Q. What do the non-MQC bandwidth and bandwidth qos-reference commands do and where are they useful?

A. Typically the interface bandwidth command is used on an interface to influence the bandwidth metric that routing protocols use for their path decisions. In certain situations, however, the value given for the bandwidth command can influence QoS. The bandwidth qos-reference interface command was intended to convey to the QoS infrastructure how much bandwidth is available for the downstream tunnel bandwidth. Table 3 details when bandwidth and bandwidth qos-reference are applicable.

Table 3. Uses for Interface bandwidth and bandwidth qos-reference

Command Target Affect
bandwidth

 

Any generic main interface for physical interface

 

Any top-level QoS MQC references for percent-based configuration will use this value for the interface throughput instead of the actual throughput. For example, if bandwidth 5000 is configured on a Gigabit Ethernet interface and a top-level class-default shaper is configured for shape average percent 50, the interface will be limited to 2.5 Mbps of traffic.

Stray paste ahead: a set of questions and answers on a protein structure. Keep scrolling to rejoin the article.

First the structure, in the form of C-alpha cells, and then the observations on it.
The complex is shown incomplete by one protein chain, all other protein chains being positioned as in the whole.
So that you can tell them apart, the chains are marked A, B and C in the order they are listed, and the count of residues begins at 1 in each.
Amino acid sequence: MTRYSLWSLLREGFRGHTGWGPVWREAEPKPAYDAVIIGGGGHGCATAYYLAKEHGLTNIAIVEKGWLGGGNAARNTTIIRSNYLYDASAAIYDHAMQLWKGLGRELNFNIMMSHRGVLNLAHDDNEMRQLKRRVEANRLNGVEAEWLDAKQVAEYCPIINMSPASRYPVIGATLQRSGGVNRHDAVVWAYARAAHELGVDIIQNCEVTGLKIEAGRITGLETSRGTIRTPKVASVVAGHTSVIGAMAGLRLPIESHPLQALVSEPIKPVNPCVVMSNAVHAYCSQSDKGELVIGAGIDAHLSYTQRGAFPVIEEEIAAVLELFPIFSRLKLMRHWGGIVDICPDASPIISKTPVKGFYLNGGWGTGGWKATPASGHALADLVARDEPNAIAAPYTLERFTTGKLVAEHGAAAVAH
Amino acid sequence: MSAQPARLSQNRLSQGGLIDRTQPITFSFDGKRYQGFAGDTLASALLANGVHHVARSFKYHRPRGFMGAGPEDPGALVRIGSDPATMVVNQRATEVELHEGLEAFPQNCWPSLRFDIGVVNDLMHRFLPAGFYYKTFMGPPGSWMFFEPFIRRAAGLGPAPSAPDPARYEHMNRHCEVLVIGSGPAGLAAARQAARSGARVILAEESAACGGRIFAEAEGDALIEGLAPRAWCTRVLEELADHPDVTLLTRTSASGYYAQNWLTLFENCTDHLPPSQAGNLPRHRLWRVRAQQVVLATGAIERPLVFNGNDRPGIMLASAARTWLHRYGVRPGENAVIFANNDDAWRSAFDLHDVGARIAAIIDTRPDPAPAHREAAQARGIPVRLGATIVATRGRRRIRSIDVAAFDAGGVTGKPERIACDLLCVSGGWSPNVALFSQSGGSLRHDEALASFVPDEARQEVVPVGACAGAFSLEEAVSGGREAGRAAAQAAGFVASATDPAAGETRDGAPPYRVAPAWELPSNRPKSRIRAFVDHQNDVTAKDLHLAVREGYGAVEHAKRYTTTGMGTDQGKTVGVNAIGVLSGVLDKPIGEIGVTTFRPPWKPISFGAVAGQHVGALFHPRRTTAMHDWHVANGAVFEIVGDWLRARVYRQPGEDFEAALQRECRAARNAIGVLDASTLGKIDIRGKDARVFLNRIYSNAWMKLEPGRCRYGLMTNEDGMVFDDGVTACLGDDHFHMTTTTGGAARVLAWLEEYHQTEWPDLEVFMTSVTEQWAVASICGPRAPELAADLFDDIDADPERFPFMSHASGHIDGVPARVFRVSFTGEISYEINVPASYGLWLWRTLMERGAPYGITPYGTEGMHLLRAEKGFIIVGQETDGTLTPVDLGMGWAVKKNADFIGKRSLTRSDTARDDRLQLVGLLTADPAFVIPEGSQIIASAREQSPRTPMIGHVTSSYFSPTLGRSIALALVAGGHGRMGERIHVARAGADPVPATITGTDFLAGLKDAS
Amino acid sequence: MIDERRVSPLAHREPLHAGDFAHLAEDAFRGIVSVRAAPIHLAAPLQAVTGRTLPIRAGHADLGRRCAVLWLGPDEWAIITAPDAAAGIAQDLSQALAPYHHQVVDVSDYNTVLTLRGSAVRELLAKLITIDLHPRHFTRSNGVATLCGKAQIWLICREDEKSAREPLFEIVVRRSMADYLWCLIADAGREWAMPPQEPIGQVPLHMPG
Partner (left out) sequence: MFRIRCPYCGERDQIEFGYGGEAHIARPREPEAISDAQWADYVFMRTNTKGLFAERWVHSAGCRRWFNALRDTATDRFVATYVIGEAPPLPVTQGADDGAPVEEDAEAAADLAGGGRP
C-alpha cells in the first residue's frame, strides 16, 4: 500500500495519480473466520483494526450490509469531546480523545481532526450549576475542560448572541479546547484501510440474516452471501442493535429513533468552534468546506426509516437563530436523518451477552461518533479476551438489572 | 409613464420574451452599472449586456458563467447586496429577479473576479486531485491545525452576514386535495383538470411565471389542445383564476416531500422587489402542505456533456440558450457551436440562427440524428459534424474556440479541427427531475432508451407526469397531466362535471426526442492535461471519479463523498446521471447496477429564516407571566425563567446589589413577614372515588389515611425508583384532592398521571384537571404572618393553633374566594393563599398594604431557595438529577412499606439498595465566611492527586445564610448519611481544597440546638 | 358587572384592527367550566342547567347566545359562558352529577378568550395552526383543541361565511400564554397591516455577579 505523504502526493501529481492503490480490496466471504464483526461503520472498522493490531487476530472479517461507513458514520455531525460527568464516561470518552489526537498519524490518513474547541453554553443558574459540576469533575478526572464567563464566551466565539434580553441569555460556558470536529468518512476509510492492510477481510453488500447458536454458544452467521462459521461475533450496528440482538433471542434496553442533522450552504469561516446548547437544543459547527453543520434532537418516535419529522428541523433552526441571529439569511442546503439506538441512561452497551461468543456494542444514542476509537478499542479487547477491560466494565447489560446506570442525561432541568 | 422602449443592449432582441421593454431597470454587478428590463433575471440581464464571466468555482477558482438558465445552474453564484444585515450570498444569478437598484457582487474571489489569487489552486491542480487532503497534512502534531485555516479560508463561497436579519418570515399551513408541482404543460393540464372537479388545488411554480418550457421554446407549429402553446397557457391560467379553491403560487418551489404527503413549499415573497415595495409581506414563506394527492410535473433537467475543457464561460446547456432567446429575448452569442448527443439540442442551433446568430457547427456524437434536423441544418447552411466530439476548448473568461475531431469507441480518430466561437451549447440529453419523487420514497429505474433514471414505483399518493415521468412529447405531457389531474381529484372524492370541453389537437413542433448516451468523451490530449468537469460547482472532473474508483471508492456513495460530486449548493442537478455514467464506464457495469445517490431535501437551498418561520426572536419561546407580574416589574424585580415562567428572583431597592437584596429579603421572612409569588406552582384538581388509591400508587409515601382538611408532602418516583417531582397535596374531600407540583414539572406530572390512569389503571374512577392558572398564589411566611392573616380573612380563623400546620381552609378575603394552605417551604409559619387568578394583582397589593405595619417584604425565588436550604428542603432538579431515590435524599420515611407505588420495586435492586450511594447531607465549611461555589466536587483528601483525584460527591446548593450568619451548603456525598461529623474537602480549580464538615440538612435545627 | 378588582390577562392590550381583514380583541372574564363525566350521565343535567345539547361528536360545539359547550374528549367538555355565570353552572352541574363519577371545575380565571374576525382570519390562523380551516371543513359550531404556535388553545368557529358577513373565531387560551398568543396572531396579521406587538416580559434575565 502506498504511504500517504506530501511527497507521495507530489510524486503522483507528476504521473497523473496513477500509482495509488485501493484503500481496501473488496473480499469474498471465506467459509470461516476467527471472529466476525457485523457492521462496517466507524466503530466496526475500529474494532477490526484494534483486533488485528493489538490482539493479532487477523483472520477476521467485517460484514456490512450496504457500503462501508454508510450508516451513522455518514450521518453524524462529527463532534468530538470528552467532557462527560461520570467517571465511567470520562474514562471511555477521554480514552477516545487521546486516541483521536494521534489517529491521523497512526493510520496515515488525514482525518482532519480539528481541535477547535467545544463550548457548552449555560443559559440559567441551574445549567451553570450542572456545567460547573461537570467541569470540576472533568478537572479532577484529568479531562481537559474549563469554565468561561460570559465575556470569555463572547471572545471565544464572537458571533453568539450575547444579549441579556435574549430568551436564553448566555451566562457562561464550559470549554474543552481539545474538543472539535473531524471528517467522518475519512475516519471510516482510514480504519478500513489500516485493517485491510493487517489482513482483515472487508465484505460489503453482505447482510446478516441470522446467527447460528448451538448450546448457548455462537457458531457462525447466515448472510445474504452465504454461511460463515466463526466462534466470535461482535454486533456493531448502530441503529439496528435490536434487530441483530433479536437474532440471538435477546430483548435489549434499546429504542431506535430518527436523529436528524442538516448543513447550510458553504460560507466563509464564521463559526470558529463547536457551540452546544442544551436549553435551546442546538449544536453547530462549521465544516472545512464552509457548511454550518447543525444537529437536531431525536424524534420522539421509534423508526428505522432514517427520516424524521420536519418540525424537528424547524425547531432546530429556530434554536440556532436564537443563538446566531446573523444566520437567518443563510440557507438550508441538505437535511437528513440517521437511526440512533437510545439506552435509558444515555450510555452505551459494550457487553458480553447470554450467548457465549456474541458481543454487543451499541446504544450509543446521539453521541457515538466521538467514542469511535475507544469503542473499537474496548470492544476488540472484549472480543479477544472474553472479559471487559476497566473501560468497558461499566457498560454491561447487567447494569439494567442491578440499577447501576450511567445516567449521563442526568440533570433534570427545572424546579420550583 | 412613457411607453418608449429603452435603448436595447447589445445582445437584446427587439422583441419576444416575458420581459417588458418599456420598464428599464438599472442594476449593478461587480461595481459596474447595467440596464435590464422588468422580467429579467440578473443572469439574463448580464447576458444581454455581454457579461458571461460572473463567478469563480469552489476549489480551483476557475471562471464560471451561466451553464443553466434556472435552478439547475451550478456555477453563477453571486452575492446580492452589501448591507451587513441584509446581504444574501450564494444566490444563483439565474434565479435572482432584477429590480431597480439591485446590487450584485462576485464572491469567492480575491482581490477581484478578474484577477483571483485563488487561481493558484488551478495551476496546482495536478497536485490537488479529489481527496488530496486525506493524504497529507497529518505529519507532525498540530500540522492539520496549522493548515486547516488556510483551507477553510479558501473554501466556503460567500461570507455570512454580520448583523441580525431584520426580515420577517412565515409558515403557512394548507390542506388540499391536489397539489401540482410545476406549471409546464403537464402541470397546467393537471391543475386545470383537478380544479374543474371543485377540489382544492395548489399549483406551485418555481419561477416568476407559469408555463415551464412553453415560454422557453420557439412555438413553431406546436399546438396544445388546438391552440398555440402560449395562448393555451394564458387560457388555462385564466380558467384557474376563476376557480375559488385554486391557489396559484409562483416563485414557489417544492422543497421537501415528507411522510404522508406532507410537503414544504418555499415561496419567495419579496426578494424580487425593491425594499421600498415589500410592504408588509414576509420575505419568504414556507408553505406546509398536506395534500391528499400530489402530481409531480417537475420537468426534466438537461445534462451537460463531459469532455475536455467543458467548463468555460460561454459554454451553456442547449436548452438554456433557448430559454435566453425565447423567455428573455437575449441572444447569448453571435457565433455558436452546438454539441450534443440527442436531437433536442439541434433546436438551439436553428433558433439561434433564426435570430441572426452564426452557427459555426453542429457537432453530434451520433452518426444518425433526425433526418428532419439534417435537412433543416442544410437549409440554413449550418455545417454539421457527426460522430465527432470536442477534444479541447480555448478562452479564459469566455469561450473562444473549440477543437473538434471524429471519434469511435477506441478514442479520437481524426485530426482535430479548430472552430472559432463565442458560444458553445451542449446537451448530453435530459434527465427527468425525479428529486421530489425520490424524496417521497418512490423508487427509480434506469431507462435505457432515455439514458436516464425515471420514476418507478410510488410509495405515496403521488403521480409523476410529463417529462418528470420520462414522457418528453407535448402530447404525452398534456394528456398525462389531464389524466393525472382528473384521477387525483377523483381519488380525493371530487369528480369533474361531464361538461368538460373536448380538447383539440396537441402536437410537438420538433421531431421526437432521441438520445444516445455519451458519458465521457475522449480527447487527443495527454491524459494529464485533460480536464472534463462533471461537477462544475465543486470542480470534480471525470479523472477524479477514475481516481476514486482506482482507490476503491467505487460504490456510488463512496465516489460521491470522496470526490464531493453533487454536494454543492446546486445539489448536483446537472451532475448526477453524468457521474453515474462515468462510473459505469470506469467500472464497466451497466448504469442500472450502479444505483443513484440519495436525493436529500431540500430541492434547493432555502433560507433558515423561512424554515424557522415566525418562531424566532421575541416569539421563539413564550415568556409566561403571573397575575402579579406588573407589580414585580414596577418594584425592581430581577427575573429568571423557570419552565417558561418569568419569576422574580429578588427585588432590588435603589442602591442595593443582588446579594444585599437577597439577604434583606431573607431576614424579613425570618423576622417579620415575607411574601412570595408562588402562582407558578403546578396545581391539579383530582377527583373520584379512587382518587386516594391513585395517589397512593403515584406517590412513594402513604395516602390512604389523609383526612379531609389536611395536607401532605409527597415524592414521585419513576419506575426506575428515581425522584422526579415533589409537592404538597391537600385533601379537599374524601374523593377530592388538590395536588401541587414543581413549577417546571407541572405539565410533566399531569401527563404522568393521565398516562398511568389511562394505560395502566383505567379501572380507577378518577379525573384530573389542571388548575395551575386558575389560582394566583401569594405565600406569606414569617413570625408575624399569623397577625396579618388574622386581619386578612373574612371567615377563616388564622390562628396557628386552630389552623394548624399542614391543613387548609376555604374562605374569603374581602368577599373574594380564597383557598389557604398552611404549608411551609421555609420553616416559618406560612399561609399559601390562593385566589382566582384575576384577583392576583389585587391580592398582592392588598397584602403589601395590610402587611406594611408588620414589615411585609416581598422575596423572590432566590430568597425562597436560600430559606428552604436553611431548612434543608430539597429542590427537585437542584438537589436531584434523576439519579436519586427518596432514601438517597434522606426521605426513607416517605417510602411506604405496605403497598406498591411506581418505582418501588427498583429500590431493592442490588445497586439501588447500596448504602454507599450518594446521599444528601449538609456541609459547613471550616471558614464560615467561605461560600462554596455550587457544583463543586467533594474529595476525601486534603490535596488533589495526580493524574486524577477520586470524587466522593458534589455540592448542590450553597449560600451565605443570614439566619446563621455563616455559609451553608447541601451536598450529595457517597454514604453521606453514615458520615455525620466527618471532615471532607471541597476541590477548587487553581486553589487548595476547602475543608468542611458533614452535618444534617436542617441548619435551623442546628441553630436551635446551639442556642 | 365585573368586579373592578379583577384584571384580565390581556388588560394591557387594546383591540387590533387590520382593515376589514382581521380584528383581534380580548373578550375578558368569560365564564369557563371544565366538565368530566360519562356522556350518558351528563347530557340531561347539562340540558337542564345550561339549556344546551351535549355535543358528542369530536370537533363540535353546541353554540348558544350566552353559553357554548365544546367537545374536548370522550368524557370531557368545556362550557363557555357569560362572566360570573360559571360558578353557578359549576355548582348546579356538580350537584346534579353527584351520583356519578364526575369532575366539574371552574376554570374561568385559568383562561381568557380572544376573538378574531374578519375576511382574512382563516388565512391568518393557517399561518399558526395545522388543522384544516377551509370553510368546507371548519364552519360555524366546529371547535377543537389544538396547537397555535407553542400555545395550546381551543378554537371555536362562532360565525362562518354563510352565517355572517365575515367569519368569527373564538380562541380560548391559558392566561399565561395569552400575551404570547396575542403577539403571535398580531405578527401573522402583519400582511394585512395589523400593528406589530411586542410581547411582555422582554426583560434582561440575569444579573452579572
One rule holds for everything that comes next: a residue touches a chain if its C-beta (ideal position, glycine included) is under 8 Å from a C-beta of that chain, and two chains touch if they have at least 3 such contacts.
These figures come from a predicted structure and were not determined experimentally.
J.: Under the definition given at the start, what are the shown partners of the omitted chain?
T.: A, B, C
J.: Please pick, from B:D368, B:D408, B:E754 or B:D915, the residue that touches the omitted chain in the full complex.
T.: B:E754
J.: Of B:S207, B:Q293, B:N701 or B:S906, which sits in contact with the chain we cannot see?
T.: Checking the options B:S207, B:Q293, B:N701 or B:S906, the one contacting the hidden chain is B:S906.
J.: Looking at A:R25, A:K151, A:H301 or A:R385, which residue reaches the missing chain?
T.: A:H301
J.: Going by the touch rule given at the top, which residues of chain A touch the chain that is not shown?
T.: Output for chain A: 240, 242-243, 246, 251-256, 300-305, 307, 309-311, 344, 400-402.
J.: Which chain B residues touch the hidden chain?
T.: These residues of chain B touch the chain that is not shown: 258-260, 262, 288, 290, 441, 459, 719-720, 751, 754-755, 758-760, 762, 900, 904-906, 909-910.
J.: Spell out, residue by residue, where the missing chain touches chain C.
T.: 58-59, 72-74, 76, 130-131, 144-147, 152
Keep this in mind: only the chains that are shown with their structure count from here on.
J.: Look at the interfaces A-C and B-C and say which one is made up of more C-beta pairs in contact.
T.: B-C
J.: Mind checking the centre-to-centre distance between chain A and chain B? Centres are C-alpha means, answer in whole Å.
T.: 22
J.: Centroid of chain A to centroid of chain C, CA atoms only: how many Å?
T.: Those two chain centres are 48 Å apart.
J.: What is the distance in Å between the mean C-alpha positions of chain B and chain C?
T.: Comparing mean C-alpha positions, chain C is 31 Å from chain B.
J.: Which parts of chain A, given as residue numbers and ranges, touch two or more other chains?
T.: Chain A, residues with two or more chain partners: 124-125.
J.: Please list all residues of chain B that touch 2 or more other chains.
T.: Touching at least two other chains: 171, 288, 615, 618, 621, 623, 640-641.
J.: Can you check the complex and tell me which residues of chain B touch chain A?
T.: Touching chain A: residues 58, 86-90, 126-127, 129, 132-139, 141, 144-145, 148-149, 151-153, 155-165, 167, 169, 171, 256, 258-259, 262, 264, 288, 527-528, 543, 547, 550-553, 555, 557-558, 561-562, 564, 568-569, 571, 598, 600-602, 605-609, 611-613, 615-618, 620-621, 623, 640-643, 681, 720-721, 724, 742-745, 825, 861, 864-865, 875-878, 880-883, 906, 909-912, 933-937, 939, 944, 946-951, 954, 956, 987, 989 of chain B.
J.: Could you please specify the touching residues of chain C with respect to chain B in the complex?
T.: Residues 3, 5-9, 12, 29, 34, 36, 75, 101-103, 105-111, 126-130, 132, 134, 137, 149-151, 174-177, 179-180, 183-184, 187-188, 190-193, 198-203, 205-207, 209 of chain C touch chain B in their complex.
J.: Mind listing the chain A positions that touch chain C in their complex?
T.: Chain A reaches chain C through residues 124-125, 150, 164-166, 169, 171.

bandwidth

 

Any generic sub-interface for a physical interface

 

This command does not affect QoS. QoS applied on a sub-interface is affected by a bandwidth command configured on the corresponding main interface.
bandwidth

 

 

Multilink Point-to-Point Protocol (MLP) bundle

 

Configuring on the actual bundle interface rate limits traffic even without the application of the QoS MQC configuration. Any percent-based configuration that is part of a policy map applied to the bundle uses the bandwidth value for calculations.
bandwidth qos-reference

 

 

GRE tunnel, sVTI tunnel, dVTI tunnel, and virtual template for broadband

 

Any top-level QoS MQC references for percent-based configuration use this value for the maximum throughput instead of the actual throughput for the used physical interface. For example, if bandwidth 5000 is configured on a sVTI tunnel interface and a top-level class-default shaper is configured for shape average percent 50, the tunnel will be limited to 2.5 Mbps of traffic.
bandwidth qos-reference

 

 

Tunnel interface used for DMVPN

 

This command does not affect the QoS MQC configuration. It is essentially ignored for QoS purposes.

 

Q. The Cisco ASR 1000 isnt showing a class-map filter or access control entries (ACE) matches. How can I access the information?